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One of the nesting houses under construction.

New Works Sculpture Project: Bird Nesting Houses on the Woonasquatucket

Reclaiming Urban Dead Zones: The Woonasquatucket River Watershed Council and sculptor Will Machin collaborated on a project creating 19 nesting houses for American kestrels, screech owls and tree swallows. The organically formed sculptures, created through a traditional lime-masonry technique were installed the fall of 2005. The Woonasquatucket River Watershed Council hopes the sculptures will bring more attention to the river and highlight the river's natural wildlife assets as well as reduce the population of rats, mice and mosquitoes that are the prey of choice for these birds! The funding for the project is coming from a Rhode Island Foundation New Works Grant.

Below is a log of the project, with photographs and notes by the artist.

Below are some pictures showing the very early stages of the project. As you can see, Will is picking up a wide variety of garbage from the parks and streets near the river.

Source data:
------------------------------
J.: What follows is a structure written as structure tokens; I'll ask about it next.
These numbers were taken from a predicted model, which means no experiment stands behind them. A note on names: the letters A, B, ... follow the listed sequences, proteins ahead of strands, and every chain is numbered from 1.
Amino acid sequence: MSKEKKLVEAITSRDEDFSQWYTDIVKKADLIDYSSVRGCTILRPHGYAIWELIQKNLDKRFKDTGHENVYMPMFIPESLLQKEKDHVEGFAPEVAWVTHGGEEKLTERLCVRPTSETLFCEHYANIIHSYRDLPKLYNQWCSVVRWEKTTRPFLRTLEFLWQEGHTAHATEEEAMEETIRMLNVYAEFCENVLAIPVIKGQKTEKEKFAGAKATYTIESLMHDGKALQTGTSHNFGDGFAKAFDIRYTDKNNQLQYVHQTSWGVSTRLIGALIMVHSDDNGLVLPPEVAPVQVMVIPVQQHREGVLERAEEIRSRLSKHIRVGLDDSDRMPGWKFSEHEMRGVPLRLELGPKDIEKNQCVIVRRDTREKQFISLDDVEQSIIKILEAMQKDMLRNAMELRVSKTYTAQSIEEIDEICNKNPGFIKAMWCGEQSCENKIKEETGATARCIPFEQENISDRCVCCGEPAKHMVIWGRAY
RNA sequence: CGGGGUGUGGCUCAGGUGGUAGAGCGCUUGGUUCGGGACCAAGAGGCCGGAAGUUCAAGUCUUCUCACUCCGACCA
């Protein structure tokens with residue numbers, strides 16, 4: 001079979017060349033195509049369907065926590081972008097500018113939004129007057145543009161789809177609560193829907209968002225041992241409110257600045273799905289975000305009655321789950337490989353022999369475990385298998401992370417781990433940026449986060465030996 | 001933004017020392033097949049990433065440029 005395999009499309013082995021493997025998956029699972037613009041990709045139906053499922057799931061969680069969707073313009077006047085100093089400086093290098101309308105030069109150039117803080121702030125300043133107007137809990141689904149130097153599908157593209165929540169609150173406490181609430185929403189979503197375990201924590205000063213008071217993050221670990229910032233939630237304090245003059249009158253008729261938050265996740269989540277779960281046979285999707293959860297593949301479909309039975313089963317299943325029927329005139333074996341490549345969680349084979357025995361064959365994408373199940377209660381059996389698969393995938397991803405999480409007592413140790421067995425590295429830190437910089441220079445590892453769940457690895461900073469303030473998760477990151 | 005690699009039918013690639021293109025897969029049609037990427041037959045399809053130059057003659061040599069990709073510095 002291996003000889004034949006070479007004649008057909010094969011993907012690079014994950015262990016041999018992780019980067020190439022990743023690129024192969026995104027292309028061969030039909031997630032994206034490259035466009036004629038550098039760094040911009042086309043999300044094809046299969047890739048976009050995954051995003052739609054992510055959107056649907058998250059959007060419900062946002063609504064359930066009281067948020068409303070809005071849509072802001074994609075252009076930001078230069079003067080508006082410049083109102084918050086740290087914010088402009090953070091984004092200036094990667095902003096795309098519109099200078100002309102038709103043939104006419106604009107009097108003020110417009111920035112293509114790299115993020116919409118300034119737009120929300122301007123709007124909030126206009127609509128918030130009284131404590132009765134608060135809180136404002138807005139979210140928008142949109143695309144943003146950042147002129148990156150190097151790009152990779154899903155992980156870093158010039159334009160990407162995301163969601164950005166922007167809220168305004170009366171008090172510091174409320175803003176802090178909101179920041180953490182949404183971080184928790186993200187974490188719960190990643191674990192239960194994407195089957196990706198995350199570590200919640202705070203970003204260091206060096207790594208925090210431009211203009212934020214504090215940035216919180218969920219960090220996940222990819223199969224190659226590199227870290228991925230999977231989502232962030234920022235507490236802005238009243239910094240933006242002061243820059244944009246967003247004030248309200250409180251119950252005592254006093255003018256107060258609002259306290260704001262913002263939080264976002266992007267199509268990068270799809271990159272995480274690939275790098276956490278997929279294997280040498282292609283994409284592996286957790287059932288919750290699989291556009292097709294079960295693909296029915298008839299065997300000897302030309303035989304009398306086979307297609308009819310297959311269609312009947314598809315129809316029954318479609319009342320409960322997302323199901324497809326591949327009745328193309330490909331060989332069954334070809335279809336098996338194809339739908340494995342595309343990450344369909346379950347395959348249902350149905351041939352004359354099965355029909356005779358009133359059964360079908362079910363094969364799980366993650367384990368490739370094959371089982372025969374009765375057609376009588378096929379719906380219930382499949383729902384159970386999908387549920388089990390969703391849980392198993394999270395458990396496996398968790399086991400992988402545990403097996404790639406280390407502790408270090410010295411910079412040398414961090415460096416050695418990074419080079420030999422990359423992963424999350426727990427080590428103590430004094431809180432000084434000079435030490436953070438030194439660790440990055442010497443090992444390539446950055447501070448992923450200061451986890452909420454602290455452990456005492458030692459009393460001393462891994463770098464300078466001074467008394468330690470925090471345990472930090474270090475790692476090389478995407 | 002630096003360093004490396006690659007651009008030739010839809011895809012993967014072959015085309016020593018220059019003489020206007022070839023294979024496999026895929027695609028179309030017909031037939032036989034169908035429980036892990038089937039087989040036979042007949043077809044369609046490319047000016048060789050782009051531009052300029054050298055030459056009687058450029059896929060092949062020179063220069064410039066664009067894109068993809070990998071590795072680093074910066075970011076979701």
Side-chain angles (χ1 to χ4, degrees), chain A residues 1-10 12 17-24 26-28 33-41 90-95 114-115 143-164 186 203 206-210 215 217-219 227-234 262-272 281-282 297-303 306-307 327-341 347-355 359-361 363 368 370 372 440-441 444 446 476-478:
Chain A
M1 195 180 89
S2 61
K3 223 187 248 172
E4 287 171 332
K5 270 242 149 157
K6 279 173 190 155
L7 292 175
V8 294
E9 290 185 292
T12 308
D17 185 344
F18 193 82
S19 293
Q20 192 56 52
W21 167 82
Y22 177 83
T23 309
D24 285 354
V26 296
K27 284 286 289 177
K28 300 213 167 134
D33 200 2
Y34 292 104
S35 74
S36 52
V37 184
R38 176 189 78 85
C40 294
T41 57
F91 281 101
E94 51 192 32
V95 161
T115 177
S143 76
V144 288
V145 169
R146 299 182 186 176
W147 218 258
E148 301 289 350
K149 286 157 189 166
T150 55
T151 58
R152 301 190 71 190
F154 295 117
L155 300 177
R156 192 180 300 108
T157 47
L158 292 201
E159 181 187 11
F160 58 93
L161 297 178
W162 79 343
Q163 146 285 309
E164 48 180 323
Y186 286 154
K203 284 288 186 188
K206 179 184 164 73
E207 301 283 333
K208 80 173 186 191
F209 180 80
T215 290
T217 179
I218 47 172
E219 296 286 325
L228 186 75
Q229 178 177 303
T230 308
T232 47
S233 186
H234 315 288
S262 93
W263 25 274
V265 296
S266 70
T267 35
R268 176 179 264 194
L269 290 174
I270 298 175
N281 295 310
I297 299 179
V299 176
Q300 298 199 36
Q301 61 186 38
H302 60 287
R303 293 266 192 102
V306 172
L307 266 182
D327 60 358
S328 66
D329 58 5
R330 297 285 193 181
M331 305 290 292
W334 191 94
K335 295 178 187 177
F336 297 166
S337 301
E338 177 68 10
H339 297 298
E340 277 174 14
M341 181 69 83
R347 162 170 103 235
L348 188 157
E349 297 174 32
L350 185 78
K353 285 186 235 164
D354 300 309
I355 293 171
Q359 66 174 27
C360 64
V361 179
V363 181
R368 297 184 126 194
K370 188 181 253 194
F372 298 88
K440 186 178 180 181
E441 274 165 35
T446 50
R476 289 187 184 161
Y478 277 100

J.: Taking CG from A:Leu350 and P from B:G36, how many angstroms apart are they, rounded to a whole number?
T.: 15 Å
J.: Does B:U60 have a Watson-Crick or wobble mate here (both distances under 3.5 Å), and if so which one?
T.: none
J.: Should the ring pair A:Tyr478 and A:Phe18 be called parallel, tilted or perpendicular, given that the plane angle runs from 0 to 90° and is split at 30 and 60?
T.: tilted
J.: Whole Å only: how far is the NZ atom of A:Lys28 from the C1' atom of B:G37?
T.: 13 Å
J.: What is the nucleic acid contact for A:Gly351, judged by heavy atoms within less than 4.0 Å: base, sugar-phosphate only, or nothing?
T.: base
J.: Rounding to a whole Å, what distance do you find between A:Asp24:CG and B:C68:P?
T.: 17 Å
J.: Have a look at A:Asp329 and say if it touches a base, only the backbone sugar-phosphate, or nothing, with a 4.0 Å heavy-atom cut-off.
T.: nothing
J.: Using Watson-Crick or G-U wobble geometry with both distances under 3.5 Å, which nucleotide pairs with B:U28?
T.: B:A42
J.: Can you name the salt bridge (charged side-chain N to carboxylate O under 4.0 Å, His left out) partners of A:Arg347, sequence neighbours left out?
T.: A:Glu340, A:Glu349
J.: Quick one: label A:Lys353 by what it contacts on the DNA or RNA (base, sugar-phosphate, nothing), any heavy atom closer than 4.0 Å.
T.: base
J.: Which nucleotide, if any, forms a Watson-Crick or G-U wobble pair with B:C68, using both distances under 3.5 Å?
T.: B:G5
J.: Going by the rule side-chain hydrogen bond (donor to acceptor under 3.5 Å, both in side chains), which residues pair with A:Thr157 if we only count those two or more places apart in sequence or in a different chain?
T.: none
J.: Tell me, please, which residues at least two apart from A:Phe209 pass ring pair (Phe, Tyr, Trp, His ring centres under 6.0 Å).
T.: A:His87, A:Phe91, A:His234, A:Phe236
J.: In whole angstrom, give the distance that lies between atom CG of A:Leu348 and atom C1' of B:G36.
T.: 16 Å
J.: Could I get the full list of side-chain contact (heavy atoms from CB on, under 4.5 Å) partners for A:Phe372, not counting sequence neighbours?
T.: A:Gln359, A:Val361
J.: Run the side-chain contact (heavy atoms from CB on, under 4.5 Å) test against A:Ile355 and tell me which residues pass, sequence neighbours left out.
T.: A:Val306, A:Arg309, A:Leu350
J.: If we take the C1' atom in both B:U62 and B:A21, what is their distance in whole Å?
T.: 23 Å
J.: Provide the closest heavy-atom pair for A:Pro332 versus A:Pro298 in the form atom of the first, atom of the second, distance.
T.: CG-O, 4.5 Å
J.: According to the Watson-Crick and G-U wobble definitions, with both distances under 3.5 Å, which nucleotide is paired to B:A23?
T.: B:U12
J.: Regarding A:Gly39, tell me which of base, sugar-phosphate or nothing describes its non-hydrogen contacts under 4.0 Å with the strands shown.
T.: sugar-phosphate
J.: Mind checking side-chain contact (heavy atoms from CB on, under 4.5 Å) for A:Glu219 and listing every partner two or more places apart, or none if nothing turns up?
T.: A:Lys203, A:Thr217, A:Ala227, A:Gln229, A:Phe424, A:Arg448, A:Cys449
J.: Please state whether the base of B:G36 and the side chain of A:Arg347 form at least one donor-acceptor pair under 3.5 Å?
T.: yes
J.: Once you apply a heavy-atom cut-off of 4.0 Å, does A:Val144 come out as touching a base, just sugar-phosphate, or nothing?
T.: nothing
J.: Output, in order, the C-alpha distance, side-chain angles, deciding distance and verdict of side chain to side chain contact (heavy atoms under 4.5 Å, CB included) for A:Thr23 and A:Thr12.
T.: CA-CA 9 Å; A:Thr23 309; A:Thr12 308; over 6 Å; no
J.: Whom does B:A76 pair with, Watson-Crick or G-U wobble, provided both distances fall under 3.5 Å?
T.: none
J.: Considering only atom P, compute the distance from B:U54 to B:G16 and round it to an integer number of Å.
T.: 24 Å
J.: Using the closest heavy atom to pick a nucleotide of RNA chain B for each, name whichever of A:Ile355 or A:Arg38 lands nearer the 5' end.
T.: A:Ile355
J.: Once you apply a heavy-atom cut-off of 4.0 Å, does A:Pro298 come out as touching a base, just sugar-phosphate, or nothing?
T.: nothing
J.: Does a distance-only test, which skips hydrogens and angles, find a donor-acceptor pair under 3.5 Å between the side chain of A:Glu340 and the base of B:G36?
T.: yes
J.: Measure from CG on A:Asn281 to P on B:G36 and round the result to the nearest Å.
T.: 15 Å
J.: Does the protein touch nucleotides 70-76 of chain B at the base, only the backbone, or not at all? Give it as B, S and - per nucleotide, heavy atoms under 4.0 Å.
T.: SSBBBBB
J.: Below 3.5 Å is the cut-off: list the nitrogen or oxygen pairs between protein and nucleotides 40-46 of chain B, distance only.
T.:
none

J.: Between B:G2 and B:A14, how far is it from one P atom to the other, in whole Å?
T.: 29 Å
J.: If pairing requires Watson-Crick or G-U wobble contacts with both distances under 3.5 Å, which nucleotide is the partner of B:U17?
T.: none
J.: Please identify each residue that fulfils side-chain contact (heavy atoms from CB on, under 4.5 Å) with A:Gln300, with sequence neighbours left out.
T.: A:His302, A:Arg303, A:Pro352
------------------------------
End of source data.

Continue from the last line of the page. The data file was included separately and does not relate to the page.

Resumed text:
Concrete pile near Delaine Street

Bottles near Delaine Street

Brick in Merino Park

June 10 - After the backs and bottoms are reinforced and ready to go, the process begins you can see broken bricks like the ones pickled up at Merino Park, the broken concrete block building waste from a lot near Delaine street, and the small liquor bottles from along the river near Olneyville square getting incorporated into the structure.

May 31 - Check out the first stages of the process - building backs and bottoms from the stone waste from a stone cutting company in the watershed.

June 27, 2005 - Some of the nesting houses are starting to come together:

July 13, 2005 - The artist demonstrating his process to children at Donigian Park:

July 16, 2005 - Here are two more of the nesting houses:

August 29, 2005 - As the summer draws into the first tinges of fall, "Reclaiming Urban Dead Zones Through Sculpture" is nearing the end of the construction phase. Soon, on September 8, we will be having an opening at The Steelyard in Providence. Between now and then, here are a few pictures of some more of the nesting houses:

The residency at New Urban Arts on July 21 yielding a tree swallow house and fruitful conversations with staff, youth and people passing through. Thanks to those who brought materials and to the staff for housing the sculptures for a week.

Tell us if you see a bird using one of the houses! We are trying to track how birds use each of the nesting houses. So, if you see a bird using one of the houses please either call the Watershed Council office at (401) 861-9046 or drop us an email at alehrer@wrwc.org. If you know what kind of bird you saw, please let us know, but if you don't, just describe where the nesting house is located and what you saw the bird doing.

Thanks!

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